Bezos explained how the space company is learning from test flights of rocket New Shepard, which he expects will begin flying passengers on short trips into space this year. According to industry publication Space News, Bezos said at the event that the lessons from New Shepard are informing Blue Origin’s development of its New Glenn rocket – a behemoth the size of a 29-story skyscraper. New Shepard would fly space tourists, as the capsule features massive windows that provide expansive views of


Bezos explained how the space company is learning from test flights of rocket New Shepard, which he expects will begin flying passengers on short trips into space this year. According to industry publication Space News, Bezos said at the event that the lessons from New Shepard are informing Blue Origin’s development of its New Glenn rocket – a behemoth the size of a 29-story skyscraper. New Shepard would fly space tourists, as the capsule features massive windows that provide expansive views of
Jeff Bezos explains how his rocket for space tourists will help Blue Origin take on SpaceX Cached Page below :
Company: cnbc, Activity: cnbc, Date: 2019-02-21  Authors: michael sheetz
Keywords: news, cnbc, companies, help, explains, spacex, rocket, jeff, shepard, test, things, origin, bezos, stage, blue, rockets, tourists, glenn, space


Jeff Bezos explains how his rocket for space tourists will help Blue Origin take on SpaceX

At an aerospace luncheon in New York City on Wednesday, Amazon founder Jeff Bezos gave several key insights into his passion project Blue Origin, rather than his day job.

Bezos explained how the space company is learning from test flights of rocket New Shepard, which he expects will begin flying passengers on short trips into space this year. According to industry publication Space News, Bezos said at the event that the lessons from New Shepard are informing Blue Origin’s development of its New Glenn rocket – a behemoth the size of a 29-story skyscraper.

“The strategic objective of New Shepard is to practice,” Bezos reportedly said. “A lot of the subcomponents of New Shepard actually get directly reused on the second stage of New Glenn.”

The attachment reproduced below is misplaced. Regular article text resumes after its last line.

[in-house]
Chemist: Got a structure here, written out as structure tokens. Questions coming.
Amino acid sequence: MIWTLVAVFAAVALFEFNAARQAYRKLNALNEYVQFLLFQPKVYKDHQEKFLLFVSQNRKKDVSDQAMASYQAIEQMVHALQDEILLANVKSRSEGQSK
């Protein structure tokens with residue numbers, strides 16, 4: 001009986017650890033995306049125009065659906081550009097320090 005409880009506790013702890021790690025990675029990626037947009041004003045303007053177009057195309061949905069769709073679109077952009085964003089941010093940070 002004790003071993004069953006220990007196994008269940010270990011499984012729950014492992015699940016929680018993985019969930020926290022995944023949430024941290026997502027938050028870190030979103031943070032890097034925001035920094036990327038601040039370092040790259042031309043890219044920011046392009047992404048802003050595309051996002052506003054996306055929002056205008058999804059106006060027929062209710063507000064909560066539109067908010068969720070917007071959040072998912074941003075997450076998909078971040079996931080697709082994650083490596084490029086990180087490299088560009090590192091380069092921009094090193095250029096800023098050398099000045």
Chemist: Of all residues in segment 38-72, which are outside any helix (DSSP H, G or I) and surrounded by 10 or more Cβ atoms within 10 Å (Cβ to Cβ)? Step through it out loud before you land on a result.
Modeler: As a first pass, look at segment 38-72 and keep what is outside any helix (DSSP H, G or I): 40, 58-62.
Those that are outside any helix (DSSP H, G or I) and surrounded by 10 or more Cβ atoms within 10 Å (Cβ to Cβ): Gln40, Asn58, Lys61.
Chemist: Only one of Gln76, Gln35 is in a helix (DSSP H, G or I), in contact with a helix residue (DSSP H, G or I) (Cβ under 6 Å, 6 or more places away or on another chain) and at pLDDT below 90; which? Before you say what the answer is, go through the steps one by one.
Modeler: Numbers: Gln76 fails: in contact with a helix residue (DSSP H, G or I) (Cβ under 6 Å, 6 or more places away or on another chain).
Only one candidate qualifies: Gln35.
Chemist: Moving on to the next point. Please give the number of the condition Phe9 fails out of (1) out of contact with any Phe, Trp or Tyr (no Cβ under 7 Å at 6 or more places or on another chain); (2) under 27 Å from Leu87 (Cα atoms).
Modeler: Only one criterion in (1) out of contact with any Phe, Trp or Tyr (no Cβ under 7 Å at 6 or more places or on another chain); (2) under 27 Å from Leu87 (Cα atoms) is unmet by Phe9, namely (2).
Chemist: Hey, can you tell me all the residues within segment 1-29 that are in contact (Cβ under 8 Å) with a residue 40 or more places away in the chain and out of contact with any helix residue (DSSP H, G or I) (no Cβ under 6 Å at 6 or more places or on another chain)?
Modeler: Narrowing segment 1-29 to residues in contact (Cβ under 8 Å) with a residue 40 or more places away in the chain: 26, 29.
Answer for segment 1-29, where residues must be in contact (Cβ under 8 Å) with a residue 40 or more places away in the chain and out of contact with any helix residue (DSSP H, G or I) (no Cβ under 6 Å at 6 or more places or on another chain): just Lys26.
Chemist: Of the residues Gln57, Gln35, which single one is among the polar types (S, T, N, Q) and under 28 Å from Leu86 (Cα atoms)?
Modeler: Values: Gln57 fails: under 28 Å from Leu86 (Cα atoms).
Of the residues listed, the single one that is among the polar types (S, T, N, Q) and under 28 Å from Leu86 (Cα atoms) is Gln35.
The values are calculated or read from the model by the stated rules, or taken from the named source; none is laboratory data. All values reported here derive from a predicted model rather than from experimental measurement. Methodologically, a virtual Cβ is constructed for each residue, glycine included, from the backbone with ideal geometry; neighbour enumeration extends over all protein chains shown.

The two rockets are at very different stages of development. New Shepard has launched 10 times, going past an altitude of 350,000 feet and coming back to land on its most recent test flight from the company’s facility in West Texas. The rocket’s capsule spends about 10 minutes floating in zero gravity, before following the rocket’s booster back down to land, to be launched again. New Shepard would fly space tourists, as the capsule features massive windows that provide expansive views of the Earth once in space.

New Glenn, on the other hand, is a massive rocket designed to launch large spacecraft, such as heavy telecommunications and internet satellites. Once operational, New Glenn would compete with SpaceX’s Falcon Heavy for missions, as well as national security contracts. Blue Origin has yet to fly New Glenn, with the first launch expected in 2021. But Bezos said his company is learning a lot from the smaller rocket’s test flights.

“All of those systems will get a tremendous amount of practice with that suborbital mission and will be carried over directly to the upper stage [of New Glenn],” Bezos said. “The lessons learned on things like landings and operability and reusability, all those things from the New Shepard program, those also get incorporated into the New Glenn booster.”


Company: cnbc, Activity: cnbc, Date: 2019-02-21  Authors: michael sheetz
Keywords: news, cnbc, companies, help, explains, spacex, rocket, jeff, shepard, test, things, origin, bezos, stage, blue, rockets, tourists, glenn, space


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Jeff Bezos explains how his rocket for space tourists will help Blue Origin take on SpaceX

Bezos explained how the space company is learning from test flights of rocket New Shepard, which he expects will begin flying passengers on short trips into space this year. According to industry publication Space News, Bezos said at the event that the lessons from New Shepard are informing Blue Origin’s development of its New Glenn rocket – a behemoth the size of a 29-story skyscraper. New Shepard would fly space tourists, as the capsule features massive windows that provide expansive views of